If you surveyed investors, the majority would probably tell you they want nothing to do with stock market volatility. That’s because all of the ups and downs associated with investing in stocks can be emotionally stressful and even frightening as people watch the value of their investments bouncing around.
Adding to this truth is the launch of ETFs including the iShares MSCI USA Minimum Volatility ETF (USMV), PowerShares S&P 500 Low Volatility ETF (SPLV), Direxion S&P 500 RC Volatility Response Shares (VSPY) and others like them that aim to reduce the influence of market gyrations. This fairly new breed of volatility-killing ETFs has been a hit with investors and already amassed almost $12 billion in a span of just two years.
In reality, the financial services industry has conditioned the investing public to view stock market volatility as an enemy rather than an opportunity. Does it ever make sense to own volatility instead of avoiding it? How can advisors use market volatility as a profit opportunity?
The CBOE Volatility Index, or VIX, was launched in 1993 and is the go-to gauge for measuring stock market volatility of the S&P 500 by using index options prices.
The VIX is quoted in percentage points, and converts roughly to the expected movement in the S&P 500 index over the next 30-day period, which is then annualized. For instance, a VIX of 13 means the market expects the S&P 500 to swing up or down 13% on an annualized basis over the next 30 trading days.
Although it’s impossible to invest directly in the VIX, advisors can obtain exposure to it by using VIX futures contracts, call/put options and VIX-linked ETPs. Let’s examine the latter.
If you’ve ever traded in volatility, you’ve personally experienced or are at least aware of the performance discrepancies between the CBOE S&P 500 Volatility Index and VIX ETPs like the iPath S&P 500 VIX ST ETN (VXX).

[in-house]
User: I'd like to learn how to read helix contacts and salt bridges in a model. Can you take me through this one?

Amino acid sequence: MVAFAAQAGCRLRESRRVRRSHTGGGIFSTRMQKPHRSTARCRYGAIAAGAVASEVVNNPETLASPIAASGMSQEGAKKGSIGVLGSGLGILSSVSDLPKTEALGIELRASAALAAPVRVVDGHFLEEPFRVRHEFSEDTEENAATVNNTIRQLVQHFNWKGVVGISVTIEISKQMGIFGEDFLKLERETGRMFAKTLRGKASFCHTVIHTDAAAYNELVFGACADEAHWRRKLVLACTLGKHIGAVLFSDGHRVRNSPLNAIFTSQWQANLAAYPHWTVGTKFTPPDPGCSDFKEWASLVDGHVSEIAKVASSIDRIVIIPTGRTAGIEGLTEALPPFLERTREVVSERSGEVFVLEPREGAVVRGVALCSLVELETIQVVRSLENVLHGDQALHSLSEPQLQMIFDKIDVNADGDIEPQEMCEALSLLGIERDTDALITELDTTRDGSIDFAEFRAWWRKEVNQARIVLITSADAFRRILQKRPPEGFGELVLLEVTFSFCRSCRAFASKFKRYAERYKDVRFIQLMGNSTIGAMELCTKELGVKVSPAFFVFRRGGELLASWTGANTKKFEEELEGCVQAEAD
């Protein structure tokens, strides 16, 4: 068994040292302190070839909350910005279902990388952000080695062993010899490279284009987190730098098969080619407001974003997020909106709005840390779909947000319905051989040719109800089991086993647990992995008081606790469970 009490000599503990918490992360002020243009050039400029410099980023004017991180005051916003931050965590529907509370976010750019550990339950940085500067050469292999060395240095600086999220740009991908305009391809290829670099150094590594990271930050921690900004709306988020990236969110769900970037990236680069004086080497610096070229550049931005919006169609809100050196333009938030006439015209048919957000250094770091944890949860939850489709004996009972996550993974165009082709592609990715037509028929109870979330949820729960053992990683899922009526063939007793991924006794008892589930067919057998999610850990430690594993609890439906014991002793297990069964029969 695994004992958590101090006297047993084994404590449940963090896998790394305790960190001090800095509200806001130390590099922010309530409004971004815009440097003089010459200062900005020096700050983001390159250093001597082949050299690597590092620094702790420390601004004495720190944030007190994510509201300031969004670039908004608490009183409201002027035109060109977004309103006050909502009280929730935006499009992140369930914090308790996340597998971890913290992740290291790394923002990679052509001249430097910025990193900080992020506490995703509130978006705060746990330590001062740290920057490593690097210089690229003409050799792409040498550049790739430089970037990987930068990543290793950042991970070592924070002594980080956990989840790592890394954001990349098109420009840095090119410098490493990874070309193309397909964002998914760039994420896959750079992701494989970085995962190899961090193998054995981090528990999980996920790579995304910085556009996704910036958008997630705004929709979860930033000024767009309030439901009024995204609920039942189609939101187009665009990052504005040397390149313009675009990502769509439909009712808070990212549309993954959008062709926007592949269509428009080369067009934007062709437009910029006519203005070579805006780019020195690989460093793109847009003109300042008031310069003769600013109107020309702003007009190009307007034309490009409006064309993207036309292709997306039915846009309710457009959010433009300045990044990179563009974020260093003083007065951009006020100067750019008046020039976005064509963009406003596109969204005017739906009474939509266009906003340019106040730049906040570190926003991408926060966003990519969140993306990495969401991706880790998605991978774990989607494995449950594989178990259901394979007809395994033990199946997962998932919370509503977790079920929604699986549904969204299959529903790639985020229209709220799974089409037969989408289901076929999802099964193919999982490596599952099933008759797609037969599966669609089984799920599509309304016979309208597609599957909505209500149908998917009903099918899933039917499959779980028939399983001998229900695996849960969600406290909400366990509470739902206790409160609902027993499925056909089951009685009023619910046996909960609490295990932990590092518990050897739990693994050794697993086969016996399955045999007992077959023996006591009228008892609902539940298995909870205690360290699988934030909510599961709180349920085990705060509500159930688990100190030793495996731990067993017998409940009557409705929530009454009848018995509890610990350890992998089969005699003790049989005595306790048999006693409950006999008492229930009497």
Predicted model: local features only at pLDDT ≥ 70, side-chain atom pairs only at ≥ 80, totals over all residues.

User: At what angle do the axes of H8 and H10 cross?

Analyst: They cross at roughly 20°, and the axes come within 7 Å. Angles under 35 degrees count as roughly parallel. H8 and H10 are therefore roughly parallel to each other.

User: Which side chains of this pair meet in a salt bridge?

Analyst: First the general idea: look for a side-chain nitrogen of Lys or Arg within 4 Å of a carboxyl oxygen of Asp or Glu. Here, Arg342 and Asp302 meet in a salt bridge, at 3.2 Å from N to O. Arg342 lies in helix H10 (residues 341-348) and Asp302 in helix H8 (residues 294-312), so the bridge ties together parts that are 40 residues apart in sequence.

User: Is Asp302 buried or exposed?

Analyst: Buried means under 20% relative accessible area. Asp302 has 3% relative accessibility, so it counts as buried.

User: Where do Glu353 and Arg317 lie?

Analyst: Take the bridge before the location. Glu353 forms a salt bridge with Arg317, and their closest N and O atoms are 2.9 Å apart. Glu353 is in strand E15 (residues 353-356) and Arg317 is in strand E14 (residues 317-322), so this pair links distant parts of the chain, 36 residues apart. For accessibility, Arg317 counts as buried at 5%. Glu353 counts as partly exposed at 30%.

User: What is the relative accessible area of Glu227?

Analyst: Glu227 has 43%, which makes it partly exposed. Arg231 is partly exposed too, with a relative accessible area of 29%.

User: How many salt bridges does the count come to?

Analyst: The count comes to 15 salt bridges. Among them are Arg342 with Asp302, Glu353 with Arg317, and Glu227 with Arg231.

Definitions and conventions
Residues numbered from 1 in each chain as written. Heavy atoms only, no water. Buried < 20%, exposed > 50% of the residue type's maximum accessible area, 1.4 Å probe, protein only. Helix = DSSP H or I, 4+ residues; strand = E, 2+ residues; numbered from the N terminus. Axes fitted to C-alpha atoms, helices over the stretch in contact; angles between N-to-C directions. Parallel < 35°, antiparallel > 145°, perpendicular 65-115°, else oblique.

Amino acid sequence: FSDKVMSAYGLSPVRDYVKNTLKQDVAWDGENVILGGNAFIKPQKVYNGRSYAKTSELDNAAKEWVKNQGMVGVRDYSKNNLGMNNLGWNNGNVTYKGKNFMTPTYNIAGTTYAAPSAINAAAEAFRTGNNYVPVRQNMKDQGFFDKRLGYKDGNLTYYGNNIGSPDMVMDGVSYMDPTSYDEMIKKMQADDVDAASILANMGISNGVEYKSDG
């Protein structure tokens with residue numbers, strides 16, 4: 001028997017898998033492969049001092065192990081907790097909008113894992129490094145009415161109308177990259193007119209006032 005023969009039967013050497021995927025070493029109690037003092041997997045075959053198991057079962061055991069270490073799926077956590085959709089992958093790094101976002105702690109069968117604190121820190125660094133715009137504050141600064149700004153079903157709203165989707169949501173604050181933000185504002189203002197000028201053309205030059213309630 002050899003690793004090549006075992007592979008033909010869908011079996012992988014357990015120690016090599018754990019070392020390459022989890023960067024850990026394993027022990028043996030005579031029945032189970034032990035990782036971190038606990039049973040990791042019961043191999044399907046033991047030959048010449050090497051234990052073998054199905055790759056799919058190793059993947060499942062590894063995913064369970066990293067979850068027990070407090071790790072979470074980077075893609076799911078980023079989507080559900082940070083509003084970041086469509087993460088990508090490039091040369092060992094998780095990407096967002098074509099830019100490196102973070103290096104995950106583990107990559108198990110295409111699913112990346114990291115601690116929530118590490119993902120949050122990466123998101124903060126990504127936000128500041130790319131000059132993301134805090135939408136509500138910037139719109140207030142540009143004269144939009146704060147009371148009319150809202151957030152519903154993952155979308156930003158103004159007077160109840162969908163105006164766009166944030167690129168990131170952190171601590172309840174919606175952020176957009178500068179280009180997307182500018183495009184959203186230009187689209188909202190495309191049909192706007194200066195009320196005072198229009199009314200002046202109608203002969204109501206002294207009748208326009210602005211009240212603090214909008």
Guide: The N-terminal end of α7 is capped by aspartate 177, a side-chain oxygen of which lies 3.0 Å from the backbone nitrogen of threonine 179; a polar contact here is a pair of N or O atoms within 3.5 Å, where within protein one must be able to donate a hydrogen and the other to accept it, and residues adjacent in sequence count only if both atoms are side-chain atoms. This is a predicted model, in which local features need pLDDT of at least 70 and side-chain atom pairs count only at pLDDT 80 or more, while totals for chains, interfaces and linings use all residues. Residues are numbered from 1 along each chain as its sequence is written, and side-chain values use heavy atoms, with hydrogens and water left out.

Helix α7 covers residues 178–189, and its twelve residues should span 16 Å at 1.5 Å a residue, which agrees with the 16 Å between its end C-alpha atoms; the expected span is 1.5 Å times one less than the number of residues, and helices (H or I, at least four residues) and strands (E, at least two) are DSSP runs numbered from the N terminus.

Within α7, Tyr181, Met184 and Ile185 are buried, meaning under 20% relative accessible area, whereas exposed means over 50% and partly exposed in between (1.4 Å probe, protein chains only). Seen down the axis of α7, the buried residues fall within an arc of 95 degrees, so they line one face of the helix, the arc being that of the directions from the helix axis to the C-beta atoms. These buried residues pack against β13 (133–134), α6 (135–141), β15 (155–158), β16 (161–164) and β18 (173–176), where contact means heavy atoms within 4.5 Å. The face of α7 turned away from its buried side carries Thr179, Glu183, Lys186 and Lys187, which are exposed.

The latest prospectus (dated July 31, 2013) for the ProShares VIX Short-Term Futures ETF and the ProShares Ultra VIX Short-Term Futures ETF (UVXY) alludes to some of the problems with getting VIX exposure via ETPs by saying: “High volatility may have an adverse impact on the VIX Funds beyond the impact of any performance-based losses of the underlying indexes, especially the geared (or leveraged) fund may perform differently than the Short-Term Index.”
Further: “The VIX Funds are benchmarked to the Short-Term Index. They are not benchmarked to the VIX or actual realized volatility of the S&P 500. The level of the Short-Term Index is based on the value of the relevant futures contracts (‘VIX futures contracts’) based on the Chicago Board Options Exchange Inc. (‘CBOE’).”
Here’s one expert’s view: “Traders need to remember that VIXY gives you exposure to the front two-month VIX futures contracts. There can be a disconnect in the performance between VIX futures and the VIX index that results in different performance out of VIXY and VIX,” said Russell Rhoads, CFA, an instructor with the Options Institute at the Chicago Board Options Exchange and author of Option Spread Trading: A Comprehensive Guide to Strategies and Tactics (2011, Wiley).
Put another way, VIX ETPs don’t necessarily track the VIX index itself; buyer beware.